Also not surprising: Project Europe is doomed. But did anyone anticipate it would happen this particular way? Do you sometimes feel you’re watching one of history’s major shifts here? Something like the barbarians crossing the frozen Rhine in 406, but in slower motion.
If Bernie Sanders wins, he’d not only be the first Jewish president of the USA, he’d be the first candidate honest enough to admit to not being religious. Unlike, you know, Hillary who’s apparently a devout, lifelong believer in … oh, whatever.
You have to dig through the comments to get the message, but it’s possible the fedgov isn’t aiming to kill the Elio, after all.
The eight worst guns ever made. Yeah, I know there’s a lot of room for debate on these kinds of lists, but I seriously think they might have really nailed it here, especially on their #1 worst choice.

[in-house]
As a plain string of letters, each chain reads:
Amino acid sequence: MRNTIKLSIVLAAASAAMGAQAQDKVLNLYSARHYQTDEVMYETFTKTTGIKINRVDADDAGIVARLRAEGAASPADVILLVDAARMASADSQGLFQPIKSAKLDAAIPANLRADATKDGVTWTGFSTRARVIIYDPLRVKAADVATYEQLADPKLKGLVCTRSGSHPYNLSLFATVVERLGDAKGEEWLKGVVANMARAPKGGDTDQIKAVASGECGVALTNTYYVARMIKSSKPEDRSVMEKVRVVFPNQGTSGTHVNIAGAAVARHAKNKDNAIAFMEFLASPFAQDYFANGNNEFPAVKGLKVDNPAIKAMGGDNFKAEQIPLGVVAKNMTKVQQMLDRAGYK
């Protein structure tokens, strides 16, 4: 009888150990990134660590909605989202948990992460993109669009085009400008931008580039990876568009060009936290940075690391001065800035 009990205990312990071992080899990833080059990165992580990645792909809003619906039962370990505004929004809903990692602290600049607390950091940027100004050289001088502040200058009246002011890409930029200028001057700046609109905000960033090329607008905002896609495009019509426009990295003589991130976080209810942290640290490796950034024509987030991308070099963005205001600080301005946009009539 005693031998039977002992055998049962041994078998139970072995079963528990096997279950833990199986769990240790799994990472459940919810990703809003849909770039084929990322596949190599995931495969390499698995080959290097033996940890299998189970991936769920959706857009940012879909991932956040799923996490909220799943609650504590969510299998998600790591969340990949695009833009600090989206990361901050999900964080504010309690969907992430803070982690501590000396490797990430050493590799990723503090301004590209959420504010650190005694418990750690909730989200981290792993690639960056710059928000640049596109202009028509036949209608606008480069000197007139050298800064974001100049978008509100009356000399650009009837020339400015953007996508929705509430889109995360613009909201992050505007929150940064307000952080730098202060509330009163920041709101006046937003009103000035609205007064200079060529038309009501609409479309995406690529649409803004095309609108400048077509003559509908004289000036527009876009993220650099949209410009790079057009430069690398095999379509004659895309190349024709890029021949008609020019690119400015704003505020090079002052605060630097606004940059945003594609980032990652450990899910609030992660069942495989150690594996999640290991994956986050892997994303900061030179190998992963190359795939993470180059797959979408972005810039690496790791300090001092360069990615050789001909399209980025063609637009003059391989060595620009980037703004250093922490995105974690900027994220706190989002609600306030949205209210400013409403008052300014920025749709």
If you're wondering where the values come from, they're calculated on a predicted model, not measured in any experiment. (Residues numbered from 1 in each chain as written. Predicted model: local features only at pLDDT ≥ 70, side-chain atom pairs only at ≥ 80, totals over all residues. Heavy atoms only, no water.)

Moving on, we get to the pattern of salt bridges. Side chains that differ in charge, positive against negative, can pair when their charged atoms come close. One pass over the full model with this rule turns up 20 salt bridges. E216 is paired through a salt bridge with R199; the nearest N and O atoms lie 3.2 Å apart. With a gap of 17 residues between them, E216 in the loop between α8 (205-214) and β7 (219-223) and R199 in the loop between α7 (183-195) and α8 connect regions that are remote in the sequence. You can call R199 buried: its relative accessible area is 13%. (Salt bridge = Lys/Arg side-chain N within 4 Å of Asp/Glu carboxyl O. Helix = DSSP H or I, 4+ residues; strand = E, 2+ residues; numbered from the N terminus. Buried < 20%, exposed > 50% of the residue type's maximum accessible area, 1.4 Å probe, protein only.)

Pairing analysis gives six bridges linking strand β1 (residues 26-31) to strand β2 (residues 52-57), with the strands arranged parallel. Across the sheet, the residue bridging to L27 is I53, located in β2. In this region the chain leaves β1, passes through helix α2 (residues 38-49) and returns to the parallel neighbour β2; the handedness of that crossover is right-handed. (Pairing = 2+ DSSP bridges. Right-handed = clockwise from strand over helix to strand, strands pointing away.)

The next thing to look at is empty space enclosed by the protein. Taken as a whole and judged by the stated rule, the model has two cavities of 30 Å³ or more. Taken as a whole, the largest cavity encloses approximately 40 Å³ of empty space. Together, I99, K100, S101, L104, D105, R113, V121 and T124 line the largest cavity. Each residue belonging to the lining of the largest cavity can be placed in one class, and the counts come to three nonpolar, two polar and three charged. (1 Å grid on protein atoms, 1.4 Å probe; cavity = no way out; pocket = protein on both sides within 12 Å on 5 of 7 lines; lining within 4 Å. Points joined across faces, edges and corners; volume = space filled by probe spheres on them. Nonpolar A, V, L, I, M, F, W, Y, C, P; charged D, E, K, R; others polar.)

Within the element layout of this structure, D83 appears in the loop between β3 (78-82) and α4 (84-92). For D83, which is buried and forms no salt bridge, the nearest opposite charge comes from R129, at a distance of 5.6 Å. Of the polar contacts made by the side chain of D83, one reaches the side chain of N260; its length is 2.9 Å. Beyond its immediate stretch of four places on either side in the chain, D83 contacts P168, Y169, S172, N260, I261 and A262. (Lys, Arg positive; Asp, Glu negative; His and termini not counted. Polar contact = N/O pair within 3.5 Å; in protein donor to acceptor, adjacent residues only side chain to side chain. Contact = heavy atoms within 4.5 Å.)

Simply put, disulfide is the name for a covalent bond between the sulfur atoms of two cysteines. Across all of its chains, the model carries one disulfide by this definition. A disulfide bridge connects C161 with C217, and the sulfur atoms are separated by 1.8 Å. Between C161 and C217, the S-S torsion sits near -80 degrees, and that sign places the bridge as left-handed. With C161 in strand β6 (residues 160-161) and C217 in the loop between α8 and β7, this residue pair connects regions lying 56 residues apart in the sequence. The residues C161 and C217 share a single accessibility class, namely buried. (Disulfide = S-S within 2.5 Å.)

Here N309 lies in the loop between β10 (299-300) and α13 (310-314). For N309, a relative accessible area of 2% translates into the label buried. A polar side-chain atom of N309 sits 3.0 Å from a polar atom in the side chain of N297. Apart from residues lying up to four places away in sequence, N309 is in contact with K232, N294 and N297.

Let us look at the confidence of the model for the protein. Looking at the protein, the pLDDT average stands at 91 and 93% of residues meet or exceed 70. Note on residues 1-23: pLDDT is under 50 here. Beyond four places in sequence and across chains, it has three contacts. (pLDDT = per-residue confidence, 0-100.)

Another flash story via MJR: “Taze.” A few paragraphs; a world of encouragement.
Me? Well, directed imagination, I’ve got. Comes with the writer territory. Grit … not so much. I think, though, that when people take the grit test they’re tending to do the “90 percent of everybody is above average” variety of evaluation. Sitting at our computers it’s easy to say, “Yeah, sure, I never let setbacks discourage me. And I always finish what I start. And diligent, oh yeah, you betcha I’m the diligentest!” I told the truth about my failings and came out pretty much gritless. :-)
Reality is the only real grit test, of course. And in a pinch, I think sheer pig-stubbornness might suffice.
This is going to sound very silly to some of you smart guys, but I’ve never been up in the attic crawl space of this house. Reasons are complicated and I’ll probably go into them in some future BHM article. I knew generally what was up there, but until today I’d never even climbed a ladder, stuck my head through the cobwebby little hatch, and flashlighted around.